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Monthly Archives: September 2016

Computer says no: tips for beginners

No one starts their life a computer expert, learning about technology is something that takes practice and time, but there are some things to be aware of which can save you a lot of hassle as a beginner.

Backing up

Technology makes lives easier and tasks quicker, but every now and then it can go wrong. Not backing up your important data is a common mistake that leaves rookie computer users in hot water. There are so many easy ways to back up your information these days there is really no excuse to leave it vulnerable.

Stop and read

With the ease of getting the job done faster, also comes the temptation to speed things up further, it is unlikely you would sign a document without understanding what you are agreeing to first, but frequently users click through terms and conditions accepting any request they see. At the very least, this can result in programs downloading onto your device without your knowledge.

Always hit save

Pretty much anyone you speak to who works with computers will be able to recall an incident where hours of work went to waste due to failure to click the save button. It is easy to do, you get so enthralled in the job at hand your neglect that simple step. Then your computer crashes or restarts and your document is no more. The lesson learned here is to click Save regularly, even if you are not yet finished.

Email attachments

One key cause of computer viruses and malware comes from opening email attachments. Even if the email is from a source you know and trust, be vigilant and open any attachments with caution. One of the key ways fraudsters like to tap into your computer security is by pretending to be someone you know, so if something looks suspicious, don’t open it.

Power surge

Devices which are plugged into a wall outlet are vulnerable to power surges. A way of protecting against this is by using a surge protector, this makes sure nothing is damaged if a surge travels through your power lines. If you use a desktop computer, it is recommended to use a UPS on your computer. This can be more expensive, but will protect your computer from a surge and will also temporarily stop it turning off should the power go off for a moment.

Keep up to date with scams

Finally, keeping yourself up-to-date with the latest scams and phishing tactics will help keep you savvy whilst navigating the online world. If you are in the know about viruses you are much more likely to use your computer in a way which runs the lowest risk of infection and if you are unlucky, recognising the signs of a virus will mean you can spot the problem promptly and take steps to remedy.

It is time to review your approach to safeguarding

Although there’s little doubt that the increasing use of technology in schools is a huge plus for academic learning, there’s also no mistaking that it’s a platform open to abuse. Grooming, paedophile activity, child abuse, sexualisation, bullying and radicalisation – these are just some of the safeguarding risks we need to be vigilant of in today’s digital world. In response to this growing concern, the Department for Education (DfE) has updated its statutory guidance on safeguarding, “Keeping Children Safe in Education,” and this came into force this September.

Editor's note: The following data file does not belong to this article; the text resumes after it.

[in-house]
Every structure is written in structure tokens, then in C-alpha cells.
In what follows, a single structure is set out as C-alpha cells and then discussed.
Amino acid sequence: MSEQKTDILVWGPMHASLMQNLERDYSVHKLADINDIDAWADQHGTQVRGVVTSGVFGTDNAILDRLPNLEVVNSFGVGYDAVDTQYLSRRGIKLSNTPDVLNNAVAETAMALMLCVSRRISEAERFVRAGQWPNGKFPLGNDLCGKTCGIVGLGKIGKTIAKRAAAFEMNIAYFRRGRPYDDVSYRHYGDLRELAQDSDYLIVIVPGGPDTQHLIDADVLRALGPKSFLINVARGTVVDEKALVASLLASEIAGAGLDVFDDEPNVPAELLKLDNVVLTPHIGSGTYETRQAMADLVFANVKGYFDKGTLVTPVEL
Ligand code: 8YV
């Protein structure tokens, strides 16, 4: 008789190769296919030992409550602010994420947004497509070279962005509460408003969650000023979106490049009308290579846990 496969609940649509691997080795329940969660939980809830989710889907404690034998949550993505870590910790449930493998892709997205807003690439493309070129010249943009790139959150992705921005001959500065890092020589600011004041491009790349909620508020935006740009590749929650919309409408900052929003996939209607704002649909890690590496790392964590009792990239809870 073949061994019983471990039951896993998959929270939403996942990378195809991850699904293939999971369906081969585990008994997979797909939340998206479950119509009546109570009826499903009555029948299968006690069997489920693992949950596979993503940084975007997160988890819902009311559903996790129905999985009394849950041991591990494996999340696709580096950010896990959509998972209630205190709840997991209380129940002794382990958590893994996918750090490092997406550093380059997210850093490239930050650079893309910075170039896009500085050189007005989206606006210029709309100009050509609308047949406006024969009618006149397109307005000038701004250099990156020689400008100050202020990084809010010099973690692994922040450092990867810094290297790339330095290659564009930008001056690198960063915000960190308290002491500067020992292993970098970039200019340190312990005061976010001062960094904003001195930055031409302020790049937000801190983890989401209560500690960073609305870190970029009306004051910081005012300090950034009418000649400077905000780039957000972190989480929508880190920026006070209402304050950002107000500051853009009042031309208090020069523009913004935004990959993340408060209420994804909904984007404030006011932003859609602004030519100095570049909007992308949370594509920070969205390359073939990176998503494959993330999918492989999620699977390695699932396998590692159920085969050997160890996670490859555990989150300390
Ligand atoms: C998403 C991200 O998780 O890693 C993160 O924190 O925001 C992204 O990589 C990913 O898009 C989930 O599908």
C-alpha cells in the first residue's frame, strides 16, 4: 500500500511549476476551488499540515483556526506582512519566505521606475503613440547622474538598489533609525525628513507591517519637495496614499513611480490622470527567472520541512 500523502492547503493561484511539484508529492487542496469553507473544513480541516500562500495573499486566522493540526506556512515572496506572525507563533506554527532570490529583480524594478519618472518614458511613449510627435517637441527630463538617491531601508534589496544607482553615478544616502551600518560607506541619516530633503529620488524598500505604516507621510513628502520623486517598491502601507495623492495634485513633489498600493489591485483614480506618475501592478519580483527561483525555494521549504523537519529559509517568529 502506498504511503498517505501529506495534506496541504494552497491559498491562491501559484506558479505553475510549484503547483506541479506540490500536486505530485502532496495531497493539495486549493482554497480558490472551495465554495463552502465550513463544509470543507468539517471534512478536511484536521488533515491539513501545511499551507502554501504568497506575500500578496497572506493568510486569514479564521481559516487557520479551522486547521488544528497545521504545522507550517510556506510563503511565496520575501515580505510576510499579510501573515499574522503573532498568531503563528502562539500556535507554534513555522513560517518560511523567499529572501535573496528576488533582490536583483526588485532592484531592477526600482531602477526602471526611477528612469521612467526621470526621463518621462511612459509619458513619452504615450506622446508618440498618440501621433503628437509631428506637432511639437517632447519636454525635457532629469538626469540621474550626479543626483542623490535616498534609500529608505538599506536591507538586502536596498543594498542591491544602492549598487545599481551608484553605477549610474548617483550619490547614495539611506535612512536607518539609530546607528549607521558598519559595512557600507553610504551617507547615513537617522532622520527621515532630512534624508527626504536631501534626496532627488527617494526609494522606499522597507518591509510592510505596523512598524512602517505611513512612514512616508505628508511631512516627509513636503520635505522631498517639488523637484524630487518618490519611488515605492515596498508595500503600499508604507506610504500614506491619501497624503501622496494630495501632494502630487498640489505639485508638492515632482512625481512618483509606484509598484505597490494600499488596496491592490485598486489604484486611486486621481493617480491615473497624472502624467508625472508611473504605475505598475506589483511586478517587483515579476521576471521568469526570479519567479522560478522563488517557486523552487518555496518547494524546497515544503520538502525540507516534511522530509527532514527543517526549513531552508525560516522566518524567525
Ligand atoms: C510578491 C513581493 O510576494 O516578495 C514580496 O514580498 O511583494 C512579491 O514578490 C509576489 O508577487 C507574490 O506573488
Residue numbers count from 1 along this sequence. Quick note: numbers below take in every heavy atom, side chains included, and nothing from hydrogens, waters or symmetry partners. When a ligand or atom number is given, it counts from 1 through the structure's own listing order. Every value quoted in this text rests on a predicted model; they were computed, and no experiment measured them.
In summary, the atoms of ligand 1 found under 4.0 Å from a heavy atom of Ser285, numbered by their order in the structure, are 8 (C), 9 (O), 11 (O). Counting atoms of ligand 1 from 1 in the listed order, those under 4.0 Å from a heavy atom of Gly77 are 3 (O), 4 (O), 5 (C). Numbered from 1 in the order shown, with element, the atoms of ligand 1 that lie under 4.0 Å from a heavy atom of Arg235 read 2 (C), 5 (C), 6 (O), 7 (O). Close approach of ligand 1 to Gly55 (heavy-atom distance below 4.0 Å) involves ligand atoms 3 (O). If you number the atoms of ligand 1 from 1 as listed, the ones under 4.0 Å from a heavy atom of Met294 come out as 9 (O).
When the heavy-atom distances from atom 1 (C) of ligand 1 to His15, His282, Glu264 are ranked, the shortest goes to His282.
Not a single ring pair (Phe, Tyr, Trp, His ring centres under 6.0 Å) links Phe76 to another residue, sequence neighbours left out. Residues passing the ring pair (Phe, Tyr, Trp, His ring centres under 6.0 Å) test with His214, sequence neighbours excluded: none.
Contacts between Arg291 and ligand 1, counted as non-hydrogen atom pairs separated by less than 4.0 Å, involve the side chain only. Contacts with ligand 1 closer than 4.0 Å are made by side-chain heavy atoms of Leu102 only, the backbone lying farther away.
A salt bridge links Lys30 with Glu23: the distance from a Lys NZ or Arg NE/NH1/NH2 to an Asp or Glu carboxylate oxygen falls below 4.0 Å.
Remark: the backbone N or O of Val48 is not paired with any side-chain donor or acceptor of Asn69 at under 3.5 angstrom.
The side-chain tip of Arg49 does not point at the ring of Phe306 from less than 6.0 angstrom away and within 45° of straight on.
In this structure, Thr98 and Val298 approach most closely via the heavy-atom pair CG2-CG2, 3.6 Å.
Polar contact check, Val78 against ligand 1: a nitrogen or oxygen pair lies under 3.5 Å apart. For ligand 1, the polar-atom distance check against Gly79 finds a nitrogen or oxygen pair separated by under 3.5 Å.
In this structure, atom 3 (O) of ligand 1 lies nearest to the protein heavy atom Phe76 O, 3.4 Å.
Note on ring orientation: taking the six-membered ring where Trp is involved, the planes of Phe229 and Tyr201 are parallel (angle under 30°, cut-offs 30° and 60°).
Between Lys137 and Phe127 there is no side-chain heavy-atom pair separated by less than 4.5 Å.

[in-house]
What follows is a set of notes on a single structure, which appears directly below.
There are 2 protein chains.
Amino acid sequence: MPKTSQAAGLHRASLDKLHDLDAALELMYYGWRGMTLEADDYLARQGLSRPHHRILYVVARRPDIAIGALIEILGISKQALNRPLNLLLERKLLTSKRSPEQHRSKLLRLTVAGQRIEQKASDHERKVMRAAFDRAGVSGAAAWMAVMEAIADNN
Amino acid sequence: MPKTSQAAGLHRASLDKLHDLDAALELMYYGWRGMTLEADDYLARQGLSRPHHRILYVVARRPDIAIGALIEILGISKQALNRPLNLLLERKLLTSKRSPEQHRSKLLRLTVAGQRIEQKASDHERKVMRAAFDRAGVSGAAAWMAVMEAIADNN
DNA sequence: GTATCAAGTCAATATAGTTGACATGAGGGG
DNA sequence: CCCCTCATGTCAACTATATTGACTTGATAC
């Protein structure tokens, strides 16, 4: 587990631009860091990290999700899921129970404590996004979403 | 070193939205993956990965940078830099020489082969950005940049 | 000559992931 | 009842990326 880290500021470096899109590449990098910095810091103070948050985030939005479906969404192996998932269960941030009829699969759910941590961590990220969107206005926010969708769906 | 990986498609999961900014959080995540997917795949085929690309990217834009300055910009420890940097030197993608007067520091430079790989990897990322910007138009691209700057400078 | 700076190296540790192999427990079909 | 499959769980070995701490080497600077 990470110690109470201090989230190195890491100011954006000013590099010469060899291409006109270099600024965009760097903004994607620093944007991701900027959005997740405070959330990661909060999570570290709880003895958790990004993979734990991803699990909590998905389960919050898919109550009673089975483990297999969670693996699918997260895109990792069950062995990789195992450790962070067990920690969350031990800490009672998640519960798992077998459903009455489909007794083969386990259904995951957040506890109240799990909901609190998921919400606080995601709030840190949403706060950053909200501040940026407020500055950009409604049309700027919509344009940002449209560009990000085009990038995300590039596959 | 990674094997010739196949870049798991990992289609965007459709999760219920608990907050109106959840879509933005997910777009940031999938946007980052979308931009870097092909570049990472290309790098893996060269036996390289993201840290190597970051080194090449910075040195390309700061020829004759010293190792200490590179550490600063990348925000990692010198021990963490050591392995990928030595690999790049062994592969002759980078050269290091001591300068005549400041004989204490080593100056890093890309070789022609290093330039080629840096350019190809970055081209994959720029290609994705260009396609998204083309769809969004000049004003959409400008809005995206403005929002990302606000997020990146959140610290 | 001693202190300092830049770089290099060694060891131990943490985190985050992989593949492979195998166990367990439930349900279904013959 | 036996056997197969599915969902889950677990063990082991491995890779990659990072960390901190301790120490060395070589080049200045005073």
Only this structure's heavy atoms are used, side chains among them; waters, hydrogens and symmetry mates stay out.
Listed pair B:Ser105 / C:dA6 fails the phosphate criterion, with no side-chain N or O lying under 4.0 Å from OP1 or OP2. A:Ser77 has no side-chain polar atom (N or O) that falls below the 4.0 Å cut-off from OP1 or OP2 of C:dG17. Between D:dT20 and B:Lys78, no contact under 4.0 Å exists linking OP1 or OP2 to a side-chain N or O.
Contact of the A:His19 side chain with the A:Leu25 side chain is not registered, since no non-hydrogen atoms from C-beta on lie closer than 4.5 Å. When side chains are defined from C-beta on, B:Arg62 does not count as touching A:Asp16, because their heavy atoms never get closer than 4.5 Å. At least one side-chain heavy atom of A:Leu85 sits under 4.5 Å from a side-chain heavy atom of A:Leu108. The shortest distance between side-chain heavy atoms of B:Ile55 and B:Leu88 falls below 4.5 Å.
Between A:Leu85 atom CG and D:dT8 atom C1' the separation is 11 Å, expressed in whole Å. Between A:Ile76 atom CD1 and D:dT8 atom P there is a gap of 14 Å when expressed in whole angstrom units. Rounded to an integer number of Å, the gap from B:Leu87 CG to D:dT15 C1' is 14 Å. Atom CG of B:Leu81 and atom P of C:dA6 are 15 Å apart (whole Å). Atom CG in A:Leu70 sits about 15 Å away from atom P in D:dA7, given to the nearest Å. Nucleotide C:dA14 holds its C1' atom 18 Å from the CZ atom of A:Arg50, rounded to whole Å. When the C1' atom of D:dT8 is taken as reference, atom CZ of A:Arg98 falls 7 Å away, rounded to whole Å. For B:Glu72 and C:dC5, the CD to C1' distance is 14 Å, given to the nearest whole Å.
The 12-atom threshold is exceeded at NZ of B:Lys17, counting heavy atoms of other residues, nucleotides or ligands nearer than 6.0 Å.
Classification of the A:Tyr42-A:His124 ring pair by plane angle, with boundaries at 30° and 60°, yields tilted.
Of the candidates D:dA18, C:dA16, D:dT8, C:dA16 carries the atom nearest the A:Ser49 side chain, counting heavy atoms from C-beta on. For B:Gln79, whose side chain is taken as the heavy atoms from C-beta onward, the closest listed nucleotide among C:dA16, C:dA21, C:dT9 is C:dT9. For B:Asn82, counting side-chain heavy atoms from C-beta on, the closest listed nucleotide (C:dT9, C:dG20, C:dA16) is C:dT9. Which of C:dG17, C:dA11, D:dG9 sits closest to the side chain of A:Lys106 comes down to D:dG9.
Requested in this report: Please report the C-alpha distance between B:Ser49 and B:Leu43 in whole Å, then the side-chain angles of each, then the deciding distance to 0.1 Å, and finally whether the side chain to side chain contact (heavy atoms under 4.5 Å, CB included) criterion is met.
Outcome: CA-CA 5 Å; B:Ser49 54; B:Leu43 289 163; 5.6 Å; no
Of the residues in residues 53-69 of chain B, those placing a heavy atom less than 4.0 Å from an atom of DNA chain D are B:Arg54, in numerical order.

While acknowledging both the opportunity and the threat that ever advancing technology brings, the guidance increases the responsibility for school leaders to put in place an effective approach to safeguarding.  Overall, it is designed to help identify children at potential risk from the range of safeguarding concerns – so that effective intervention/prevention strategies can be put in place.

With this increased responsibility in mind, e-Safe, our approved e-safety partner, has shared some important facts that you should consider when reviewing your safeguarding strategy.

Fact #1 – Appropriate filtering and monitoring systems must be in place

When it comes to online safety, traditional filtering solutions play a significant role in achieving a safe environment. Yet, with over 1 billion sites on the web today (Internet Stats, August 2016), the DfE recognises that it’s pretty much impossible to filter out all the illegal, inappropriate and potentially harmful content. Add to this the responsibility to avoid ‘over blocking’ to ensure our children’s learning opportunities aren’t stifled, and it becomes imperative that, in addition to filtering solutions, effective monitoring systems are also in place.

Fact#2 – The markers of harmful and inappropriate behaviours are often incredibly subtle

The new DfE guidance states that you must have early visibility of the markers of harmful and inappropriate behaviours, so that intervention strategies can be put in place to stop the risk from escalating. The challenge here is that the markers associated with the range of safeguarding risks can often be incredibly subtle. Rarely is it single stream behaviour that registers intent, but more likely an overall pattern of seemingly isolated incidents over time. Expertise is needed in the range of behaviours to ensure the subtle markers are identified.